The world of ballet is full of dancers who dream of making a living from their passion for the art form. But in truth, professional ballet dancing is a cut-throat industry where talent is analysed with a fine-tooth comb and anything less than perfection is rarely tolerated. The odds of actually “making it” in the ballet industry with a major dance company such as the New York City Ballet or the Bolshoi Ballet are very slim, but there are smaller companies around the world that do their best to support their dancers. With the physical and mental demands and time-intensive nature of ballet training, serious dancers must be employed on a full-time salary. A company’s investment in their dancers can certainly be worth it, because when a professional dance group has a strong reputation, tickets can be sold for major profit.
When a dancer first joins a company, they form part of a group called the Corps de Ballet, and they typically start as ensemble dancers in the background. If a dancer is part of the union known as American Guild of Musical Artists (also known as AGMA), they have a degree of protection, in that they’re entitled to at least a minimum wage that is livable and at a set scale. The industry – as with so many of the capricious, competitive arts industries – is notoriously underpaid, with the majority of dancers working long hours for very little financial reward. Payscale cites the average ballet dancer’s salary as a tiny $15,080 – $26,419. Midlevel dancers, often soloists, could earn as much as $50,000-$58,000 a year. In the aspirational case, celebrated principal dancers can earn a couple of thousand dollars per performance.
There is no doubt that in order to become a rich ballet dancer, it takes hard work, and sometimes dancing for multiple companies at once. But to become one of the richest ballet dancers in the world, a certain amount of fame and hard work is also needed. Many of the wealthiest ballet dancers on our list have made their name and their wealth through branching out into choreography, producing, or even acting and modelling. We’ve selected five of the richest dancers in the industry – and, compared to the five richest actors or singers, the salaries are diminutive. Ballet, one of the most highly-skilled performing professions, is also one of the least financially rewarding. The dedicated, talented dancers on our list got there through hard work, passion and – quite possibly – a financial struggle. The salaries we’ve cited are based on a variety of factors from per performance earnings, yearly earnings, and net worth.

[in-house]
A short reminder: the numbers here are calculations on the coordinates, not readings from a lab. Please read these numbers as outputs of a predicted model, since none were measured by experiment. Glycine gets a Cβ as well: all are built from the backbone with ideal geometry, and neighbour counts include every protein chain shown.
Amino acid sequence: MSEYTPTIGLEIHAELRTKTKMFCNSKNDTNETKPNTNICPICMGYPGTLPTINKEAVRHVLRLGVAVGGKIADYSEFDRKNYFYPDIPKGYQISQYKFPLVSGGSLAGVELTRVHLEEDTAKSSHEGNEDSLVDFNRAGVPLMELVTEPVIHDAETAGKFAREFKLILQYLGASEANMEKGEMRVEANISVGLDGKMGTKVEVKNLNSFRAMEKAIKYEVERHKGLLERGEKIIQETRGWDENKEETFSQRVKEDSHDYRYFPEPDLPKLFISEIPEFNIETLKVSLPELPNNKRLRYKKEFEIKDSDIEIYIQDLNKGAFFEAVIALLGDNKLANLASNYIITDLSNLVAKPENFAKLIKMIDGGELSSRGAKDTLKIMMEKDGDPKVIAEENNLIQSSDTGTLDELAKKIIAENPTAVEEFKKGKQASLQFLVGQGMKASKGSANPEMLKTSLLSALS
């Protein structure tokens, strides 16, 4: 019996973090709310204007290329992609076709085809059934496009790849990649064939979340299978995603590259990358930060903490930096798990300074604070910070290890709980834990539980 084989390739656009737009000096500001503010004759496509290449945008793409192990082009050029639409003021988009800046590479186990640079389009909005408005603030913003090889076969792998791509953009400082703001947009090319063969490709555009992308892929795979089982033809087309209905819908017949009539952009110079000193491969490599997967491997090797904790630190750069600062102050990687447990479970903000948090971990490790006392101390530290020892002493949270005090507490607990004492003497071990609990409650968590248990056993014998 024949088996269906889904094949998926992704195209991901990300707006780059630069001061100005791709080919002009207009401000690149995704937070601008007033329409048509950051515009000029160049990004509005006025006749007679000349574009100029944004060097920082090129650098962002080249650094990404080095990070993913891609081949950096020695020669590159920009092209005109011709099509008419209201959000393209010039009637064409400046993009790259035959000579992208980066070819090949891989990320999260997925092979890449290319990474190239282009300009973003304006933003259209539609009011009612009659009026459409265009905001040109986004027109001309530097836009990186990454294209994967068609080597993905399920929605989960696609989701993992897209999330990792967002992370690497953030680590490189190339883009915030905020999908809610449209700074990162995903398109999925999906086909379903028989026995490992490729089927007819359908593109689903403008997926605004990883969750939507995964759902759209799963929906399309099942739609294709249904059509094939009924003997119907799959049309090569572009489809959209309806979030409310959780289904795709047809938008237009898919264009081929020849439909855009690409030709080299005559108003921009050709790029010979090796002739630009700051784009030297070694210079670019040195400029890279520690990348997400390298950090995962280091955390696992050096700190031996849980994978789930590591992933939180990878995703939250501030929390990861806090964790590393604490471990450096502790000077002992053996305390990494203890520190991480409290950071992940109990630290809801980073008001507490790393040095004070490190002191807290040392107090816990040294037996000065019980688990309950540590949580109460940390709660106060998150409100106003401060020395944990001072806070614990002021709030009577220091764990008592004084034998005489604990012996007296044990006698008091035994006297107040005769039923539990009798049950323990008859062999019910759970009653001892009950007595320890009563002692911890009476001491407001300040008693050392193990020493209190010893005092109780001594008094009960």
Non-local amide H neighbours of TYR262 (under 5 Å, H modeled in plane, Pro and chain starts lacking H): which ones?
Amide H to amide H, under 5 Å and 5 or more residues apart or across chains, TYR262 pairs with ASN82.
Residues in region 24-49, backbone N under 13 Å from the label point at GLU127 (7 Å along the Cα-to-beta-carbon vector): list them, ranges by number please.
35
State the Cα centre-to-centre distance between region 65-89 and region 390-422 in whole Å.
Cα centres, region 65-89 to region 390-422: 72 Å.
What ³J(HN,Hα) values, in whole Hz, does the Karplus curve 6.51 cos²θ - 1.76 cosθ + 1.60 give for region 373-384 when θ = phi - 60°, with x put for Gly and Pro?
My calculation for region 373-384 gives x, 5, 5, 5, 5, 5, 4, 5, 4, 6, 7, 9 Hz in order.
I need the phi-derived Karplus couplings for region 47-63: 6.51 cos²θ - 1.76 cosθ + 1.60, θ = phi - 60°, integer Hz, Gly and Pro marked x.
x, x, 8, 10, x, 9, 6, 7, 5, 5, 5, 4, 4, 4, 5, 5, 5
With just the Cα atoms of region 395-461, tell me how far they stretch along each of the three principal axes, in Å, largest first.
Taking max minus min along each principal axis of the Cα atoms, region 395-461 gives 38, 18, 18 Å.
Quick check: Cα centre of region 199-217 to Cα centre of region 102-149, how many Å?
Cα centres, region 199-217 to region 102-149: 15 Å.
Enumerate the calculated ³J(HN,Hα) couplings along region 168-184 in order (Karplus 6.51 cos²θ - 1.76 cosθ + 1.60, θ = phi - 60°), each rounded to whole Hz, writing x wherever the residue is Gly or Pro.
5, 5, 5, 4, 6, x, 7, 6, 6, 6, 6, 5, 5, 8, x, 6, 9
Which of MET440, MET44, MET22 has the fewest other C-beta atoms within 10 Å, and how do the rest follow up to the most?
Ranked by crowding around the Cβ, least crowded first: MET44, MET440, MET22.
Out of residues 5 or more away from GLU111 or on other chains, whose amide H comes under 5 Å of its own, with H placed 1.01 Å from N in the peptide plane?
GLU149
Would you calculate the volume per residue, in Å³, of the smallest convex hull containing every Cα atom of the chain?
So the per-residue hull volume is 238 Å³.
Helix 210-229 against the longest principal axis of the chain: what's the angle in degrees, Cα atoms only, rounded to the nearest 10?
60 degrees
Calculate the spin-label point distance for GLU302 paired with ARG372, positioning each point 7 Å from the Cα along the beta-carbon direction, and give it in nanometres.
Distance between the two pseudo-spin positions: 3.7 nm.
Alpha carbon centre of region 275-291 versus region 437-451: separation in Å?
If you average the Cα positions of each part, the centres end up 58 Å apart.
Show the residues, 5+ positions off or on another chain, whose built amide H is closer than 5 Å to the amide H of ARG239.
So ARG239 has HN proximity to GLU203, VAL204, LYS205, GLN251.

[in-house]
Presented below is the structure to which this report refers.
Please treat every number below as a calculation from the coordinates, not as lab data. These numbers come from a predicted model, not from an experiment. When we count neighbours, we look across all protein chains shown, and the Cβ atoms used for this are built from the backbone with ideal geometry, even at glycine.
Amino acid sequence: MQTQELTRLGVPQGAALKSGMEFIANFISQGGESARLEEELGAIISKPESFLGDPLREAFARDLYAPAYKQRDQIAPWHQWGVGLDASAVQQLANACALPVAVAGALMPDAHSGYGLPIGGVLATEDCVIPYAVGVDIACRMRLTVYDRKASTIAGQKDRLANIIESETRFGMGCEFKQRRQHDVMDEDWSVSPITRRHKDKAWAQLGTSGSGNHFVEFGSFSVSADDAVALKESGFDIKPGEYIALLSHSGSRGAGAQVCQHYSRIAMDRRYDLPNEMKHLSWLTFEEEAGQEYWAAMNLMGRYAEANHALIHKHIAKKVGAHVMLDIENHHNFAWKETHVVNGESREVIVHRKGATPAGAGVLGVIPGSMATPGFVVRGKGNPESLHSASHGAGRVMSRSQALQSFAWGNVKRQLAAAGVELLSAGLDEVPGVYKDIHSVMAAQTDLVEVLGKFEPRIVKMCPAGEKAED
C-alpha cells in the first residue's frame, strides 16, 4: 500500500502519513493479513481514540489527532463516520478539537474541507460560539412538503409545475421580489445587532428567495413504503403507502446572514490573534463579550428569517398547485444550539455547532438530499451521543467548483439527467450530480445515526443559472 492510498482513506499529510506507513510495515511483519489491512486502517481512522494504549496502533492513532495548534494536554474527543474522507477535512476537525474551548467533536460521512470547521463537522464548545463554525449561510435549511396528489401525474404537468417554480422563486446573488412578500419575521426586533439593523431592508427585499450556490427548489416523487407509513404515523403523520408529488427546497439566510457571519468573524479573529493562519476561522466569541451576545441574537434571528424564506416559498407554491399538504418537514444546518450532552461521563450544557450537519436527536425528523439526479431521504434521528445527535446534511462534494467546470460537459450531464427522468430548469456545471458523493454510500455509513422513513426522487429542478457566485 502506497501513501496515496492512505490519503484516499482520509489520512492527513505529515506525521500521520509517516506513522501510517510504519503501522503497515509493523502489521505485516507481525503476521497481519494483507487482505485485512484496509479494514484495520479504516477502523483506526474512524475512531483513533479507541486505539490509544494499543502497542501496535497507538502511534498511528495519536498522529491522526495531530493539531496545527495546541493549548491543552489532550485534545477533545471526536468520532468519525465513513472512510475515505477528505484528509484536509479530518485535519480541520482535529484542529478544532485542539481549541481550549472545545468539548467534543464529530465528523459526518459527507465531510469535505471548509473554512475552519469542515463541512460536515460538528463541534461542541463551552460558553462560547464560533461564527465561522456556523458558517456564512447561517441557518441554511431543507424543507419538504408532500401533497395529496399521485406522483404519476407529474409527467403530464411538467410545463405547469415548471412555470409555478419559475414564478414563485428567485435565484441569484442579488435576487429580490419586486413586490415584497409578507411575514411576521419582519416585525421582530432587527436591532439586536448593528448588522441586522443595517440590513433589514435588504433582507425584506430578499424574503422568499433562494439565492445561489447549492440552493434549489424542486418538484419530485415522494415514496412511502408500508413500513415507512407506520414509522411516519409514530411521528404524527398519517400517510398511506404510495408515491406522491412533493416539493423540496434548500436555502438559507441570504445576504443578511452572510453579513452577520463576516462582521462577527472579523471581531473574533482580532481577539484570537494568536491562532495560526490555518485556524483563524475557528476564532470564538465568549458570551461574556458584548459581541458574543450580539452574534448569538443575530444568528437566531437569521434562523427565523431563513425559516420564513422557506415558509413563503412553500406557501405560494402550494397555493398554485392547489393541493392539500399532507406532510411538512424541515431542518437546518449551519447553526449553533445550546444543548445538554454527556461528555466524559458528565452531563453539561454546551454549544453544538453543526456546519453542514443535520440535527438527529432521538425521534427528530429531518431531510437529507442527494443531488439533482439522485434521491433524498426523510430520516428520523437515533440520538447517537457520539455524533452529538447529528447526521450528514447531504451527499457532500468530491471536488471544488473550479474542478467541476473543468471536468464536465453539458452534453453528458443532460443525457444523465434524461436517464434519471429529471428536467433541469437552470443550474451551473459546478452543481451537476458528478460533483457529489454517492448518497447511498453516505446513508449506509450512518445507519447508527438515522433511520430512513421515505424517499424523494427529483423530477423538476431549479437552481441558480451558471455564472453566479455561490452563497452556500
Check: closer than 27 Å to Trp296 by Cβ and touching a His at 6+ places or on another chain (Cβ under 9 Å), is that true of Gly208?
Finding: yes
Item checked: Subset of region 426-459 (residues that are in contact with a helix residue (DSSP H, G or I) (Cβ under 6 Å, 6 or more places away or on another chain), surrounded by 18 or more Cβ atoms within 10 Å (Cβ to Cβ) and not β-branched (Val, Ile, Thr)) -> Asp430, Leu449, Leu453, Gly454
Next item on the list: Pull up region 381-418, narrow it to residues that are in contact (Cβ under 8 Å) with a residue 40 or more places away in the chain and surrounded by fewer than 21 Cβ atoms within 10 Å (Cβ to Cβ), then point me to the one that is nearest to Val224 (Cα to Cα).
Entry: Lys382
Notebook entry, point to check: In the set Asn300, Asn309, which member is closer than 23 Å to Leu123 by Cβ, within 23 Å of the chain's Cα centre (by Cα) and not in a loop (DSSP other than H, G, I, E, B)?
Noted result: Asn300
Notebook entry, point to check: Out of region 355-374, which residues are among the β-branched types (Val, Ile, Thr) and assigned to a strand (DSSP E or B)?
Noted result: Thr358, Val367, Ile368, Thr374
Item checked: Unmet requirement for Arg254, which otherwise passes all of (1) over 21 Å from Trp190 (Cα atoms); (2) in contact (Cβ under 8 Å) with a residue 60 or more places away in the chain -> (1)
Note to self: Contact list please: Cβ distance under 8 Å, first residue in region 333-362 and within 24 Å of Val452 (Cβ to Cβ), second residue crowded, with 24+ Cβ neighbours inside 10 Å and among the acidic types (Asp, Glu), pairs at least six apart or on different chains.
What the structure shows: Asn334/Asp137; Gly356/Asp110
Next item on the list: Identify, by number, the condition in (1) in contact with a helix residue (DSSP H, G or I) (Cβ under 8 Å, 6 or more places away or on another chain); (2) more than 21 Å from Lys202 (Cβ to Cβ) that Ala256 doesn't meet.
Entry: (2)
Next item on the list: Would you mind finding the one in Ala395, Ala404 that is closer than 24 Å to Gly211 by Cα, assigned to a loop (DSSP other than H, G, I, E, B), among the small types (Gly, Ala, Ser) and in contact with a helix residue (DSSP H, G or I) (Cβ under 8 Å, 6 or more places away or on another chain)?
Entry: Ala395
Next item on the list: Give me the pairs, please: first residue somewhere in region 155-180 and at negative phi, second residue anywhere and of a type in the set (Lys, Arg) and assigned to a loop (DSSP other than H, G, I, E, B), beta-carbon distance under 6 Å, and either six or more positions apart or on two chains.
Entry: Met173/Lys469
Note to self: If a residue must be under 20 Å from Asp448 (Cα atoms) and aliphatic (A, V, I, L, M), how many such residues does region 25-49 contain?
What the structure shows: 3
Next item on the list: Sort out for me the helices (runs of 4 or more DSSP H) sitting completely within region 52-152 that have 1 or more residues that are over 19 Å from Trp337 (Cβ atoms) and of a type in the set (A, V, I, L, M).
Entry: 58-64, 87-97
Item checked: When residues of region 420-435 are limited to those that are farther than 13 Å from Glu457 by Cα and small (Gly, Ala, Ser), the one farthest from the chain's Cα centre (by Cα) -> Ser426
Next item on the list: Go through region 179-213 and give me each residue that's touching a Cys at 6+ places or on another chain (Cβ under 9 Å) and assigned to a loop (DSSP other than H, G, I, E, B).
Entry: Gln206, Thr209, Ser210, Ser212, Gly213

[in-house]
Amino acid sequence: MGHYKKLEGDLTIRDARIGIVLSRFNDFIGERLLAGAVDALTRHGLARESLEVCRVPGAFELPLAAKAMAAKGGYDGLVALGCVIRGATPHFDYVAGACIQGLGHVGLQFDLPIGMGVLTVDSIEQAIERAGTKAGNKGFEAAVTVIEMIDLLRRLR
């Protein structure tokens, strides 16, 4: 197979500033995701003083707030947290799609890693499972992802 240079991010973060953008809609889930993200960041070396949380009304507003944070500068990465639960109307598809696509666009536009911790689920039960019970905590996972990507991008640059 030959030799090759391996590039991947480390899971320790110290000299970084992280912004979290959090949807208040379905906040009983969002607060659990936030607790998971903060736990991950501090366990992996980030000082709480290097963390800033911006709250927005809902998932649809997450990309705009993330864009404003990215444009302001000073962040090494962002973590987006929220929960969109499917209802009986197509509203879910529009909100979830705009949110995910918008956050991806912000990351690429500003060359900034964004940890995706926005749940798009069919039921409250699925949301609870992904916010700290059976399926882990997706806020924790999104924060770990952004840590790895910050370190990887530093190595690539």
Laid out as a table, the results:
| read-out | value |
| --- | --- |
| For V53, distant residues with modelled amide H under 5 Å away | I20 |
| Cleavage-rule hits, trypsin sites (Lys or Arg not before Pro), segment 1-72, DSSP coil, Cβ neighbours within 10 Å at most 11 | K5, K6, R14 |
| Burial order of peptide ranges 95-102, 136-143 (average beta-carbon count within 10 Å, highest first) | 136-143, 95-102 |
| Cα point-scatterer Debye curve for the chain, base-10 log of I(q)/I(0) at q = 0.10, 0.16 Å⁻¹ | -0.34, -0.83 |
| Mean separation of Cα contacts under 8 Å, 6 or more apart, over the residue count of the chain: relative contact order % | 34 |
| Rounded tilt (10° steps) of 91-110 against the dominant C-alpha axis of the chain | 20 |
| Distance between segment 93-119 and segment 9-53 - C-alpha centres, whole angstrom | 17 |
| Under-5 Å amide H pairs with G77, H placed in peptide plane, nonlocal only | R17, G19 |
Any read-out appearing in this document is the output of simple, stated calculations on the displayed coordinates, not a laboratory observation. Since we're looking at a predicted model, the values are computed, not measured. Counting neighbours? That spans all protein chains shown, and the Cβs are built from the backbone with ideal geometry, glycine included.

5. Nina Ananiashvili – $30,000 per performance
Nina Ananiashvili is a Georgian ballerina and the current artistic director of the State Ballet of Georgia. She recently hung up her ballet shoes after an illustrious career as a prima ballerina earning about $30,000 per performance. She originally trained not as a dancer as an ice skater. Because she was a sickly child, her parents encouraged her to take up figure skating in order to build her strength. Nina started ballet training to complement her skating, but eventually abandoned skating altogether and began training as a ballet dancer. Her career took off after studying at the Moscow Choreographic Institute where her talent captured the attention of her instructors. From this point on her career sky-rocketed, and Nina eventually made waves in the United States becoming a principal dancer for the American Ballet Theatre and later the Houston Ballet.